Let the reader supply another side of the argument by looking at the illustrations in any history of painting. Let him select the pictures that charm him most, and think of them enlarged and transferred bodily to one corner of the room, as he has thought of the sculpture. Let them take on motion without losing their charm of low relief, or their serene composition within the four walls of the frame. As for the motion, let it be a further extension of the drawing. Let every gesture be a bolder but not less graceful brush-stroke.

The Metropolitan Museum has a Van Dyck that appeals equally to one's sense of beauty and one's feeling for humor. It is a portrait of James Stuart, Duke of Lennox, and I cannot see how the author-producer-photographer can look upon it without having it set his imagination in a glow. Every small town dancing set has a James like this. The man and the greyhound are the same witless breed, the kind that achieve a result by their clean-limbed elegance alone. Van Dyck has painted the two with what might be called a greyhound brush-stroke, a style of handling that is nothing but courtly convention and strut to the point of genius. He is as far from the meditative spirituality of Rembrandt as could well be imagined.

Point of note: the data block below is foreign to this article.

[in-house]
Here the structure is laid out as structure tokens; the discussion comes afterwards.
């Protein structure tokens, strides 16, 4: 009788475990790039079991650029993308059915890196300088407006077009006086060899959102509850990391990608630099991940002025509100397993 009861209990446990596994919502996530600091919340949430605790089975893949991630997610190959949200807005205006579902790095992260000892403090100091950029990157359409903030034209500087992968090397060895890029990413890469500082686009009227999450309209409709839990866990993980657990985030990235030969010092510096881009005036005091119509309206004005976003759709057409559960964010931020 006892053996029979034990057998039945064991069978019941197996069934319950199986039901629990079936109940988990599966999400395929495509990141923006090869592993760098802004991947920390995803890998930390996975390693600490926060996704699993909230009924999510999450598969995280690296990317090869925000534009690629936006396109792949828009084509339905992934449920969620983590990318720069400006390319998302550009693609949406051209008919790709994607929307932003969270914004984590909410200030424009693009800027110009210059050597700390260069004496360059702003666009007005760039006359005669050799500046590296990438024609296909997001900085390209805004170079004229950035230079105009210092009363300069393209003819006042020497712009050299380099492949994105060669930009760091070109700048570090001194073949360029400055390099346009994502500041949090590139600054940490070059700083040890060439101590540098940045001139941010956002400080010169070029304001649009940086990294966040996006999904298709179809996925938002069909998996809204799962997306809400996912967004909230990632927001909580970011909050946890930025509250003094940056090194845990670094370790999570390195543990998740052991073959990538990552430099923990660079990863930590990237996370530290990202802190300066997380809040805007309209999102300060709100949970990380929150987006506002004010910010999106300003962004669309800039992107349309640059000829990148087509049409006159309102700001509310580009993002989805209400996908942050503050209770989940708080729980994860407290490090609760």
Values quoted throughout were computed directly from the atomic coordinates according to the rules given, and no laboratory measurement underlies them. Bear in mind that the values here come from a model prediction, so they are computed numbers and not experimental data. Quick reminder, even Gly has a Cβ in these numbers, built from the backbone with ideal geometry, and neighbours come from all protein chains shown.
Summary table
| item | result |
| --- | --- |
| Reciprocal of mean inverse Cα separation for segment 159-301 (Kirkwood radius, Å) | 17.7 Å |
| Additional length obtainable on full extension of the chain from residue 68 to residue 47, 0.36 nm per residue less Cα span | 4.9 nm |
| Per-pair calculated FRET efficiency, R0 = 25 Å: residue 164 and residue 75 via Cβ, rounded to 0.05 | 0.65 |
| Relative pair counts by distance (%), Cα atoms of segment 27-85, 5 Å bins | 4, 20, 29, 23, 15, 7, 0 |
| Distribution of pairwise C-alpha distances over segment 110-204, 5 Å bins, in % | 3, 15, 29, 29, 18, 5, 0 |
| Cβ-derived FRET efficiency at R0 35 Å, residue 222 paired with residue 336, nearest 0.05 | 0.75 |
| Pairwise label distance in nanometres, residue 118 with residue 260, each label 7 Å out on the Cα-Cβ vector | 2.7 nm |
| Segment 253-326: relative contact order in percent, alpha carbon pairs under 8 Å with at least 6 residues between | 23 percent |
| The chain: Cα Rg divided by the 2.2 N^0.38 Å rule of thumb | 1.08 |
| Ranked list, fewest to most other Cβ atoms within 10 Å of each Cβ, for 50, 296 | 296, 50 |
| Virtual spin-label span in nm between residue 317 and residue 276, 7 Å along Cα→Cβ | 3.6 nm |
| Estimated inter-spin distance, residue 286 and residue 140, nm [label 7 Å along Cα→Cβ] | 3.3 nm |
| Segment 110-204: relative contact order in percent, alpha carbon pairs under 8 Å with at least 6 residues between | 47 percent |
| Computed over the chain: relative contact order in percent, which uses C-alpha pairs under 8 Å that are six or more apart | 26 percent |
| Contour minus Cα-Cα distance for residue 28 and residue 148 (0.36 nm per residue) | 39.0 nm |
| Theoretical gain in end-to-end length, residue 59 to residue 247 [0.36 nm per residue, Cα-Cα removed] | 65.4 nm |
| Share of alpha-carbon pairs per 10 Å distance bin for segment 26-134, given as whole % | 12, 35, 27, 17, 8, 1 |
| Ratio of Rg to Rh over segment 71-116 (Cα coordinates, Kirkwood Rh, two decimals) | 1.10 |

Conjure up a scene in the hereditary hall after a hunt (or golf tournament), in which a man like this Duke of Lennox has a noble parley with his lady (or dancing partner), she being a sweet and stupid swan (or a white rabbit) by the same sign that he is a noble and stupid greyhound. Be it an ancient or modern episode, the story could be told in the tone and with well-nigh the brushwork of Van Dyck.

Then there is a picture my teachers, Chase and Henri, were never weary of praising, the Girl with the Parrot, by Manet. Here continence in nervous force, expressed by low relief and restraint in tone, is carried to its ultimate point. I should call this an imagist painting, made before there were such people as imagist poets. It is a perpetual sermon to those that would thresh around to no avail, be they orators, melodramatists, or makers of photoplays with an alleged heart-interest.